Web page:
By MARY WARD
UPDATE, 3PM: As of this afternoon, Fairfax news are reporting that RGDance have ceased trading, effective immediately. Grant Davies will remain in custody until he faces court in July.
“Yeah! Work it Milly*!”
A Ke$ha song begins to play. A girl struts across the stage, hands on her hips. She contracts her body forward, Tyra Banks Style, before throwing her head to the front, her lips in a pout.
She stares down the adjudicator. He smiles.
The girl has spread her legs and bent her knees. She proceeds to thrust her pelvis and her rib cage simultaneously. By this stage, she has been joined by around 20 other girls, all jiggling their bums and chests in the same fashion.
Throughout their routine the girls hold their legs behind their heads, a tiny slip of green lycra across their crotch the only thing standing between them and a wardrobe malfunction.
They finish their dance to thunderous applause. By the end of their routine, the hotpants the troupe wore have well and truly ridden up their (now stationary) behinds. Many a bralette has rolled up on itself.
There’s no doubt that the girls are flexible and energetic. Their unison is spot-on, and they look like they love what they do. They win their division.
I am really angry.
Because this is an under 10’s dance eisteddfod in suburban Sydney.
And this is exactly what is wrong with dance competitions today.
With my two sisters and myself all dancing competitively at some stage, I’ve sat through more eisteddfods than I can count, and this is a scenario that is all too common.
Yet, it might be one that is about to change.
Australia’s dance school scene is about to come under some intense scrutiny.
Over the weekend, dance teacher Grant Davies was arrested. He was the owner of RGDance, one of the top dance schools in the country.
Grant has been accused of grooming two children for sex, possessing thousands of child porn images (some taken at his dance studio) and for two counts of producing, disseminating or possessing child abuse material.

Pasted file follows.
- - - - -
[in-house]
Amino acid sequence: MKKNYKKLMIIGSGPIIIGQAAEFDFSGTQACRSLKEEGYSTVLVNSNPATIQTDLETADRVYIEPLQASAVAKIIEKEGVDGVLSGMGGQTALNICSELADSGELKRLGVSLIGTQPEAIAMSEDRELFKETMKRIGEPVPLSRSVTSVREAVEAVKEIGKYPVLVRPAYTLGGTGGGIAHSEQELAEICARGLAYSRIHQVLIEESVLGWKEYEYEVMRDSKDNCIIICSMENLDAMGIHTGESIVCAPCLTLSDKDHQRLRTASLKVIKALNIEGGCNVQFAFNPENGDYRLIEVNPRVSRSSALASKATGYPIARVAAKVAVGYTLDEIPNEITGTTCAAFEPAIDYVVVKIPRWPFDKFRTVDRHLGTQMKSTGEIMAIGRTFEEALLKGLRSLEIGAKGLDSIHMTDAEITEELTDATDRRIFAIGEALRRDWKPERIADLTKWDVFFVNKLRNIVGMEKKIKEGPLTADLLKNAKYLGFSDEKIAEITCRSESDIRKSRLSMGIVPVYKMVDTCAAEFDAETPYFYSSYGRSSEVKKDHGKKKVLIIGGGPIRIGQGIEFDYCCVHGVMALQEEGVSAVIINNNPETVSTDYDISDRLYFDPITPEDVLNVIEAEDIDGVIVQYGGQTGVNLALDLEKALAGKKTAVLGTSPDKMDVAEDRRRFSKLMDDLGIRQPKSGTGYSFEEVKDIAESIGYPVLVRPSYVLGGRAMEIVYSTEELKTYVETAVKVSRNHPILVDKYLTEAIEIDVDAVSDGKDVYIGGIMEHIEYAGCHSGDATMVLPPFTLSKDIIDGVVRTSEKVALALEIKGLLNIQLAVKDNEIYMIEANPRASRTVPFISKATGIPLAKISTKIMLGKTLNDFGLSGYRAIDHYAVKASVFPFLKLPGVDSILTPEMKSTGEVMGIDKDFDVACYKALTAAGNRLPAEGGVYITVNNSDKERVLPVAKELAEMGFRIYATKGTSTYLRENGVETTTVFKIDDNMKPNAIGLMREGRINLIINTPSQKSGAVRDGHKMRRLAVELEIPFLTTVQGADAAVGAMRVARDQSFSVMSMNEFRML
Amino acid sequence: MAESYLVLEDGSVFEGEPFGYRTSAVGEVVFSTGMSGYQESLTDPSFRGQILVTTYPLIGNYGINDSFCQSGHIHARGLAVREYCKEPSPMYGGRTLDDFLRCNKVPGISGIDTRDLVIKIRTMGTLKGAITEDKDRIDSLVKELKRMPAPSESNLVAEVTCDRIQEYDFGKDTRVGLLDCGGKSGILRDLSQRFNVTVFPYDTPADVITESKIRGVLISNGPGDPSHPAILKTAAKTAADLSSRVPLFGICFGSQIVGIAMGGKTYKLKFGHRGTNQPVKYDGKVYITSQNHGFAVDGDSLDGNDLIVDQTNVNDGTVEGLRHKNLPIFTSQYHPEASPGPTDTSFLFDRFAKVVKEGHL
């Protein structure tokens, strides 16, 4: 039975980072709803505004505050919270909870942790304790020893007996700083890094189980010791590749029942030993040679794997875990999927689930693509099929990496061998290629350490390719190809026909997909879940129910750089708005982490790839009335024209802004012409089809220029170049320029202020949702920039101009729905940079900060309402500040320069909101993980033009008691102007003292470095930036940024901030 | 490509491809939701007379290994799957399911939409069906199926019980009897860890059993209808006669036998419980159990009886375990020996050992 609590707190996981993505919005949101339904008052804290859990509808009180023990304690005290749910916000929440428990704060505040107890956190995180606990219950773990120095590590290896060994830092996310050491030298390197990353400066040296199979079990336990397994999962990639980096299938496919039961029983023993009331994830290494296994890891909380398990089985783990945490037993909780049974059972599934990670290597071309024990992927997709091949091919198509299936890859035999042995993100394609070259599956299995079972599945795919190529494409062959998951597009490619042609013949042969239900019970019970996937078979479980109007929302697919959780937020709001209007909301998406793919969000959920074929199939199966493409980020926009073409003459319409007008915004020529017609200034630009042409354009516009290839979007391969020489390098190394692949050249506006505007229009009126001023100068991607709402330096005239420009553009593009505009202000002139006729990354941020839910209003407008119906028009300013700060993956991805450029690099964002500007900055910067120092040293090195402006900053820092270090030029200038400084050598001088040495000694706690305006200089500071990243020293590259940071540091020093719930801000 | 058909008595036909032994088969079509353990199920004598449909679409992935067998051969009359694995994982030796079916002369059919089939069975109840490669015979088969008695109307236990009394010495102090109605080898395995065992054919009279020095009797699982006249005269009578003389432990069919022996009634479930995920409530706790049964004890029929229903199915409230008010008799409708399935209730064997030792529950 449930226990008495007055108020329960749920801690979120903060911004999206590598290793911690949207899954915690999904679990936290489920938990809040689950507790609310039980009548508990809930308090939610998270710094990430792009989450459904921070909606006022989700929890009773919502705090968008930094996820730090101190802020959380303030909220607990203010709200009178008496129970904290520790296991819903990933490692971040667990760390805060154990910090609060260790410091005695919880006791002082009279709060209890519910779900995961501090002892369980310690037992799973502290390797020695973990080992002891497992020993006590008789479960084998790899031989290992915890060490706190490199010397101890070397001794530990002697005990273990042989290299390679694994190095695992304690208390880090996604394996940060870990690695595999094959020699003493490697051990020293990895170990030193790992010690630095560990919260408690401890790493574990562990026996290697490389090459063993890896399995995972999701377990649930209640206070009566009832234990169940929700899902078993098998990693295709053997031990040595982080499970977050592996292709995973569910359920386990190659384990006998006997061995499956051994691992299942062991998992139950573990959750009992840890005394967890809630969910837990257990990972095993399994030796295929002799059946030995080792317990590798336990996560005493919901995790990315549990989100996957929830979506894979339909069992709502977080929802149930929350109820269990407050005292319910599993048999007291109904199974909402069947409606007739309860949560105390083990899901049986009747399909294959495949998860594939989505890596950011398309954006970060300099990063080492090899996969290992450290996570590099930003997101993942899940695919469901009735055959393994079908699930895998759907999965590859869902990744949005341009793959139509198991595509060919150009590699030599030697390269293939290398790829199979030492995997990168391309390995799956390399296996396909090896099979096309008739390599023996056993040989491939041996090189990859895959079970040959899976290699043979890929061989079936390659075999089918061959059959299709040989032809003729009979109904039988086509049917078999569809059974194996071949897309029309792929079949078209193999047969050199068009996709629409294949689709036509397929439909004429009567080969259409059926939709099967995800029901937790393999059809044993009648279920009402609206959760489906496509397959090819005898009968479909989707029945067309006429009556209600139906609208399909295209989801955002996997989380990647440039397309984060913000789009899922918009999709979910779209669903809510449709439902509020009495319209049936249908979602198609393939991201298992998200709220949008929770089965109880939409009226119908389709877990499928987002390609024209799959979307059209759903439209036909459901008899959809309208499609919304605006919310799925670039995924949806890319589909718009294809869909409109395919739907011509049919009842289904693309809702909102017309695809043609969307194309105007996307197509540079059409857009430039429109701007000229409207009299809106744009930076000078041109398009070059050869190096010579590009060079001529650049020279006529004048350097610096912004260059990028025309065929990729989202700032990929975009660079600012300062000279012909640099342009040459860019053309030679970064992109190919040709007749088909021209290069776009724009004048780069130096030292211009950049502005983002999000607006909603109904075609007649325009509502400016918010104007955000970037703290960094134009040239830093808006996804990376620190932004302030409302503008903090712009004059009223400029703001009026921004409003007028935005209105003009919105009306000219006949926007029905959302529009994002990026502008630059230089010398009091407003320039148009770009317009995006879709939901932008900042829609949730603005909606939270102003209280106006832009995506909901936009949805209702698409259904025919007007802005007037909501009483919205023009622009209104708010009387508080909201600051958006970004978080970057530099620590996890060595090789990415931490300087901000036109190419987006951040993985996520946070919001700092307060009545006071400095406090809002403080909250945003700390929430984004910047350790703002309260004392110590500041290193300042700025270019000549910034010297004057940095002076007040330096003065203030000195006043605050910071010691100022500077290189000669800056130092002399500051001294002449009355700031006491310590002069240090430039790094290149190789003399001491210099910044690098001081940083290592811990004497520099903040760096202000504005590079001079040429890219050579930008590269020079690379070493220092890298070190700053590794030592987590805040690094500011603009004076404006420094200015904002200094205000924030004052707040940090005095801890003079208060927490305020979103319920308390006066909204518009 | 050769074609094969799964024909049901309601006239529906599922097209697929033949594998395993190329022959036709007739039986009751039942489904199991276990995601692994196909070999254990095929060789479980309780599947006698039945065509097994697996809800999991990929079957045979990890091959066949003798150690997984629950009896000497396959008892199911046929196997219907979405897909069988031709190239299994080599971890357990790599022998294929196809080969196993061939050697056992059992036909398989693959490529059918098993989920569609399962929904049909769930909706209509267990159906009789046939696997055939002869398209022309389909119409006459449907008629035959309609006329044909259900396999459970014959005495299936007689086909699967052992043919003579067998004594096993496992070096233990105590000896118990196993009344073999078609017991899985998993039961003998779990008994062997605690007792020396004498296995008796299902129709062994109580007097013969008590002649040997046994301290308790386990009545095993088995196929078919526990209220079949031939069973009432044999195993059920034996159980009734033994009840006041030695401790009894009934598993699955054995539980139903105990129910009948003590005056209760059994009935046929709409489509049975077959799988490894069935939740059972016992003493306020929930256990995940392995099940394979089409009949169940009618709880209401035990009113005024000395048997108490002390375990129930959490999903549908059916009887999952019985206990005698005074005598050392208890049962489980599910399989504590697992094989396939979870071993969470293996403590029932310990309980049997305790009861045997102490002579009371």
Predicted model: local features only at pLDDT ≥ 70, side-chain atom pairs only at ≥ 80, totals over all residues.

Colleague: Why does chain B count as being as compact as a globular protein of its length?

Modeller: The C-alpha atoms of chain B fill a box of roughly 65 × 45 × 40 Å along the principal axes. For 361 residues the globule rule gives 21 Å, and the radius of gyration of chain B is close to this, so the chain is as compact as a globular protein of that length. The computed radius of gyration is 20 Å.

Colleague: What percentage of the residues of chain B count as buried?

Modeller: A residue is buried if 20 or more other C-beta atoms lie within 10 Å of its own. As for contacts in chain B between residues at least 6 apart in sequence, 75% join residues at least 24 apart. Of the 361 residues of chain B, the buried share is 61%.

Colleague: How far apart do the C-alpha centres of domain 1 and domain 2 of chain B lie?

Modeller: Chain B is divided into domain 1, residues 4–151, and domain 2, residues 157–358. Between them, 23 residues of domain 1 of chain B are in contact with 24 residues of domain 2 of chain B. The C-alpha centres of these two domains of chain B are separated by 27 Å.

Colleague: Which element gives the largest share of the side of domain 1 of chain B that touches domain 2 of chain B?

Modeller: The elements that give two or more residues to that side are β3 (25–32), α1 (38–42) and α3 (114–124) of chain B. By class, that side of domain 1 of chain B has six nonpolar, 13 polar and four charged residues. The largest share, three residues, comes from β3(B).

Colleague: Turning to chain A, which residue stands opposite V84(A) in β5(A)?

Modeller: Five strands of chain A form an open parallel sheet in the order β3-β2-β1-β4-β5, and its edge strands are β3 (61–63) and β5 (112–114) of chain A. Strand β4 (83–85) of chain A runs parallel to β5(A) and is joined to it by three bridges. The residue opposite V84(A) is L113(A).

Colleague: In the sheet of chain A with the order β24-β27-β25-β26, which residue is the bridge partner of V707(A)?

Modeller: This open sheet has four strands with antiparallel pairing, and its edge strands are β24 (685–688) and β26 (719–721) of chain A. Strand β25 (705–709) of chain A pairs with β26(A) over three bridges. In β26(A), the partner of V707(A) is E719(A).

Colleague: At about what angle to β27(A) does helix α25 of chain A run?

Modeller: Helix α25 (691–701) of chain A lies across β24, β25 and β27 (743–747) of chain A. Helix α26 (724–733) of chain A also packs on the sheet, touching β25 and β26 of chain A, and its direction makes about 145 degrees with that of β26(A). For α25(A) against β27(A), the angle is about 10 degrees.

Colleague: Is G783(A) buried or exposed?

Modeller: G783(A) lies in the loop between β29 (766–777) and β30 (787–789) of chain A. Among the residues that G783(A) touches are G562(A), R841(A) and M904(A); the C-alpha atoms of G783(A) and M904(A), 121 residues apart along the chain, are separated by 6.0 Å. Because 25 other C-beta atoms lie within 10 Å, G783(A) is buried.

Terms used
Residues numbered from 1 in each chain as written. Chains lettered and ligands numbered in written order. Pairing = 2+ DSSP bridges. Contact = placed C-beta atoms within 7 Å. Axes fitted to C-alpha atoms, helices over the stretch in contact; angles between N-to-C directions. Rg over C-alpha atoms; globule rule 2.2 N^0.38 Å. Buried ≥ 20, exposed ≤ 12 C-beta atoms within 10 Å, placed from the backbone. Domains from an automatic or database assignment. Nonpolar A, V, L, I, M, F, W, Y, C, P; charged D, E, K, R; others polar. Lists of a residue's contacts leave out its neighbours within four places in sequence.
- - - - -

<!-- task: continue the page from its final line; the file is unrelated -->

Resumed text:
I know that this sounds really horrible, but let’s just put the sexual abuse bit of that paragraph to one side.
It’s the straight ‘child abuse’ that hasn’t really been touched on by the media, and yet this is the part of Grant’s charges that I think we need to talk about.
Because, to be perfectly frank, I – and plenty of other young dancers – have sat by in complicity and watched child abuse happen in the Australian dance eisteddfod scene.
What you need to understand about RGDance is that their sphere of influence extends well beyond their own studio.
They hold holiday workshops for kids from studios across the country. They released books and DVDs. RG’s elite dancers do a national tour called ‘RGFamous.’ These dancers have their own fan pages on Facebook and Instagram and were reportedly rewarded by the studio on the basis of how many ‘likes’ and ‘follows’ these pages attracted. Their rehearsals were regularly documented on RG’s Youtube channel, Twitter and Instagram accounts.
The majority of these elite dancers are between the ages of eight and fourteen.
All of RGDance’s social media accounts have been deleted since news broke of Grant’s arrest. As someone who has watched a lot of RG’s content, I think it’s important that you know that this is what you can now no longer see: